LightSquared gets extension for GPS test results

Jun 16, 2011 By JOELLE TESSLER , AP Technology Writer

Federal regulators have granted a Virginia company called LightSquared a two-week extension to report on recent tests that aimed to determine whether its proposed high-speed wireless broadband network would cripple GPS systems around the country.

A technical working group created to study the extent of potential interference from LightSquared's proposed network was to report its findings on Wednesday to the .

Mandated by the , the group is controlled by LightSquared but includes representatives from GPS equipment makers and users, including a number of federal agencies that rely on GPS technology.

LightSquared asked for an extension to July 1 to file the amid growing concern that its proposed network would jam used for everything from aviation and military operations to and consumer .

The delay raises fresh questions about whether the FCC will allow LightSquared to proceed with its plan to build a new nationwide fourth-generation wireless network that would compete with super-fast systems being rolled out by AT&T and Verizon.

GPS equipment makers and users fear that the new network could jam their systems because LightSquared would use airwaves right next to those set aside for GPS. They warn that sensitive satellite receivers - designed to pick up relatively weak signals - could be overwhelmed when LightSquared starts sending high-powered signals from as many as 40,000 transmitters on the ground.

Although the FCC gave LightSquared approval in January to build the system, the agency said it would not allow the network to be turned on until GPS interference problems are resolved. It required LightSquared, GPS equipment makers and GPS users to establish the technical working group to study the matter. The group conducted extensive interference tests using LightSquared equipment in Las Vegas last month.

In a filing with the FCC late Wednesday, LightSquared said it needs more time to study and compile the results into a final report because the working group had to conduct more tests than it expected.

The delay angered other companies participating in the group, including GPS equipment makers Trimble Navigation Ltd. and Garmin Ltd. They say LightSquared is simply trying to stall the release of tests results that reveal serious problems.

"The working group results show massive interference to GPS," said Jim Kirkland, Trimble vice president and general counsel. "Delay will not change these results. It is disappointing that LightSquared has misused its control of the study group process filing process to delay this filing."

Last week, a working group of the National Executive Committee for Space-Based Positioning, Navigation, and Timing - a federal organization that advises and coordinates among federal agencies that rely on GPS technology - released results from a series of tests conducted by various government agencies in New Mexico in April that found potential for widespread GPS interference.

RTCA, a nonprofit group that advises the Federal Aviation Administration, also recently released the results of its own tests, which found that LightSquared's use of airwaves closest to the GPS spectrum would cause a "complete loss of GPS receiver function" over large metropolitan areas.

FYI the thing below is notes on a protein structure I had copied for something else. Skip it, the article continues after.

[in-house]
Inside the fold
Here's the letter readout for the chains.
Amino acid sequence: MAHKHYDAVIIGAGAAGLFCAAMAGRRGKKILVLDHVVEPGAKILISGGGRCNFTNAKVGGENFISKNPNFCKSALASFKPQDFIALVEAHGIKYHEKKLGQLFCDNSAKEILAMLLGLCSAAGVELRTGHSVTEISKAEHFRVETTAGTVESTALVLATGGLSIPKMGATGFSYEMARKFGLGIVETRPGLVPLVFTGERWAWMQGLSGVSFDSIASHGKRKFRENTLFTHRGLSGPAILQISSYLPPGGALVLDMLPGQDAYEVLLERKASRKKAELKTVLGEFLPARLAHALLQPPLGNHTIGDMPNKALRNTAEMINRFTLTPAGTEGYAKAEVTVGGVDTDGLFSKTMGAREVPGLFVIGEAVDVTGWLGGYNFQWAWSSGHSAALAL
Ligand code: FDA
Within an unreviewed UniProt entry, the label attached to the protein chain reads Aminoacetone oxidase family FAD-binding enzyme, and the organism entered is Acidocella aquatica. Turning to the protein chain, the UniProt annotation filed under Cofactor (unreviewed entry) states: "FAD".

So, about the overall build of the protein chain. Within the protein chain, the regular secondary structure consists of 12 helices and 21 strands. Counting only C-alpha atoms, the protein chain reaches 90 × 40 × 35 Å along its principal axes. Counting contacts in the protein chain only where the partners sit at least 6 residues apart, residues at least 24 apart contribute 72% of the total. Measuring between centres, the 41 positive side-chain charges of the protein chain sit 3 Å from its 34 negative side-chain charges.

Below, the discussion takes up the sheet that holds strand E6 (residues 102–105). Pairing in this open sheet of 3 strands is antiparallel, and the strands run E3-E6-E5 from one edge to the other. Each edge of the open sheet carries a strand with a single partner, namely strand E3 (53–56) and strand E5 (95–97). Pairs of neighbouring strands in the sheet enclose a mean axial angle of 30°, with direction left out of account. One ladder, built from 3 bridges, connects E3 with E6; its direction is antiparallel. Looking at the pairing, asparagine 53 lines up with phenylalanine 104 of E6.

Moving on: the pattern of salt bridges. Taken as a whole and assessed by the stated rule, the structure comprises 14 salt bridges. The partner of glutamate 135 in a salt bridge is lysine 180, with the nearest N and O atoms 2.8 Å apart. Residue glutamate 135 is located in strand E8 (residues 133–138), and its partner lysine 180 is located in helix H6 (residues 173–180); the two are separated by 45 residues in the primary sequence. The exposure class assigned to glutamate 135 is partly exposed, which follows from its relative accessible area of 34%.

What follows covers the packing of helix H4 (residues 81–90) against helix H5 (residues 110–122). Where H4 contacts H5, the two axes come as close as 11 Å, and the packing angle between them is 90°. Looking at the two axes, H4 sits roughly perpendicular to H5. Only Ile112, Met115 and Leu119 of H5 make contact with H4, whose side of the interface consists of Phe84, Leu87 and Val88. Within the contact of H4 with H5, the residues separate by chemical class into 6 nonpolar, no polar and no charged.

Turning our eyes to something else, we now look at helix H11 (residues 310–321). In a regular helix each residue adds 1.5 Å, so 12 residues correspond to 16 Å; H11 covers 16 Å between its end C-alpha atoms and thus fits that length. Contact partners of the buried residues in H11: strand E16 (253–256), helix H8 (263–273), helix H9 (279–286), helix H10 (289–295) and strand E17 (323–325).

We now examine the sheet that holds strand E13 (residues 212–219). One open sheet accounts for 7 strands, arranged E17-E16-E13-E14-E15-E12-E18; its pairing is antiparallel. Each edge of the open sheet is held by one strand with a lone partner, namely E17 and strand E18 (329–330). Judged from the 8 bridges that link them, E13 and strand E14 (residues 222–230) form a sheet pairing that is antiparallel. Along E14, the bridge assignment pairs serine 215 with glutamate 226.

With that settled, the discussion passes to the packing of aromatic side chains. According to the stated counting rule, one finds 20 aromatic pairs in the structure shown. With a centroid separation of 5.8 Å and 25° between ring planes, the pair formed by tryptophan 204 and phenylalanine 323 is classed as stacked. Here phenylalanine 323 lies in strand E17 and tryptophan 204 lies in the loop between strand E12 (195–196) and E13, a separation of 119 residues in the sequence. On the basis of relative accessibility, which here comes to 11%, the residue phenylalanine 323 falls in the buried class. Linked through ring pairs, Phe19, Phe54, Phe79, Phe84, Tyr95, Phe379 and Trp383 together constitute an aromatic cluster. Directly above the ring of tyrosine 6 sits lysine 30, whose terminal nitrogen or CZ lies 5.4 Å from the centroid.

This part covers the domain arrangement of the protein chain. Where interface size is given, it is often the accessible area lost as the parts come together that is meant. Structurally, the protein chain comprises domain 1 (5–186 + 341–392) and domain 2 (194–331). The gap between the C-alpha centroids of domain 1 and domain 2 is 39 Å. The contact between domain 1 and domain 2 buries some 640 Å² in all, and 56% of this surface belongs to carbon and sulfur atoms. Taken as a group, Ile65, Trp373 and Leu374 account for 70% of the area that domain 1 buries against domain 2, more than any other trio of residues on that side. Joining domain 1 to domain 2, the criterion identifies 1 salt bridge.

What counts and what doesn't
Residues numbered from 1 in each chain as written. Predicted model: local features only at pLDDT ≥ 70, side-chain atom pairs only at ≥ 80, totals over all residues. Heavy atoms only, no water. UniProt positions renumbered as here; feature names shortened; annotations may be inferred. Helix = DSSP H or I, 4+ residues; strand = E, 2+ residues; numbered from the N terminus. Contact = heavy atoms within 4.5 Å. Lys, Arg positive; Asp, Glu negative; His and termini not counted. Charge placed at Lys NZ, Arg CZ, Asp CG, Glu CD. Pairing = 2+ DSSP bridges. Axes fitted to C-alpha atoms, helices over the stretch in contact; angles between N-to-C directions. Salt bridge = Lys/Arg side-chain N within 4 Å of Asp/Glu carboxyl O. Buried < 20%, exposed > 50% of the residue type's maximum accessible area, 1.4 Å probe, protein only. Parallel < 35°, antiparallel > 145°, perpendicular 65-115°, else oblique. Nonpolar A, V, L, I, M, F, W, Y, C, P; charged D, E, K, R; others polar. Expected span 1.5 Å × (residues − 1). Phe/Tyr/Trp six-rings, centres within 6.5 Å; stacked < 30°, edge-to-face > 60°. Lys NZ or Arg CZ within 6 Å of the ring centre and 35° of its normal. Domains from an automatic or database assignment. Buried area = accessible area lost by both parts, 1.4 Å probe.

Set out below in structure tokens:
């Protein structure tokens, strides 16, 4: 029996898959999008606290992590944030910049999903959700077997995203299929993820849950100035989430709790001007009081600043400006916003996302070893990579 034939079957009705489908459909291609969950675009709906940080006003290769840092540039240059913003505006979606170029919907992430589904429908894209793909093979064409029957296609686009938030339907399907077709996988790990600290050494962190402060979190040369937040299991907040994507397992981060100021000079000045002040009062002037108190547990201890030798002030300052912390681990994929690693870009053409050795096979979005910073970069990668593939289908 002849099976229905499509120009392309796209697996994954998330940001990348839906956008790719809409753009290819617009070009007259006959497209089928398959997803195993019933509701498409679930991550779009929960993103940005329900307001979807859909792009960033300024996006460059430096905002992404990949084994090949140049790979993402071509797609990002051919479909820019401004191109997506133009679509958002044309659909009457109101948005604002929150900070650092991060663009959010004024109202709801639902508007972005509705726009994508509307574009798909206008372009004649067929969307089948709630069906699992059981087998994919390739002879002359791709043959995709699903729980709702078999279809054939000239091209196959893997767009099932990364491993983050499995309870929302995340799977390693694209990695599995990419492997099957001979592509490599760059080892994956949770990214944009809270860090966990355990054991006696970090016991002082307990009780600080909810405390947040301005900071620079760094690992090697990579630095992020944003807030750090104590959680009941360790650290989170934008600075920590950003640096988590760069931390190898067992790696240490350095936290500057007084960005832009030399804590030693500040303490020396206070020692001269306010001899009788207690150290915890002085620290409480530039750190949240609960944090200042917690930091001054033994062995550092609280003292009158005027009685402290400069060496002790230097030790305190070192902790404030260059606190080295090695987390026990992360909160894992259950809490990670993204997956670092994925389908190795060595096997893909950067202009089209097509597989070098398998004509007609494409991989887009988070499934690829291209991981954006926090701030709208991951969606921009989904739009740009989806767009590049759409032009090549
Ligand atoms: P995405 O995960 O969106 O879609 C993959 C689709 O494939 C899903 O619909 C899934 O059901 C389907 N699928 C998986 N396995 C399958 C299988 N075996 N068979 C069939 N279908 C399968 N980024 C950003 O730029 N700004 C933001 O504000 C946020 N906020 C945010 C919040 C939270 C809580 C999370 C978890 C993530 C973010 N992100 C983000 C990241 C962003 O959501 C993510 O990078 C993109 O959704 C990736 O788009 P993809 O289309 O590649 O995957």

Explore further: Scientists twist radio beams to send data: Transmissions reach speeds of 32 gigabits per second

not rated yet
add to favorites email to friend print save as pdf

Related Stories

Tests show wireless network could jam GPS systems

Jun 11, 2011

New government test results show that a proposed high-speed wireless broadband network being launched by a company called LightSquared could jam GPS systems used for aviation, public safety, military operations and other ...

New 4G network could cause widespread GPS dead zones

Feb 23, 2011

(PhysOrg.com) -- If a plan to build new 4G mobile phone base stations in the US goes ahead, engineers say GPS satellite navigation systems will be seriously jammed and huge areas of the country will become ...

Planned wireless Internet network threatens GPS

Apr 06, 2011

A new, ultra-fast wireless Internet network is threatening to overpower GPS signals across the U.S. and interfere with everything from airplanes to police cars to consumer navigation devices.

LightSquared cleared to offer wireless broadband

Jan 26, 2011

(AP) -- Federal regulators have given a satellite start-up called LightSquared clearance to use its allotted airwaves to provide wireless broadband services that could compete with AT&T and Verizon Wireless.

Best Buy to sell access to new wireless network

Mar 23, 2011

(AP) -- LightSquared, a company that's building a new nationwide wireless broadband network, says Best Buy will resell access to that network, starting with a trial early next year. ...

Recommended for you

Cutting congestion on the data network highway

Sep 12, 2014

Perhaps no other consumer-driven technology has made such incredible advances in such a relatively short space of time as the mobile phone. Today's smartphones are used to stream videos, access social media ...

T-Mobile to sell phones that call, text on Wi-Fi (Update)

Sep 10, 2014

T-Mobile will sell more than 100 smartphone models with a built-in feature that taps into Wi-Fi networks to make phone calls and send texts when customers can't connect to the wireless carrier's cellular network.

User comments : 0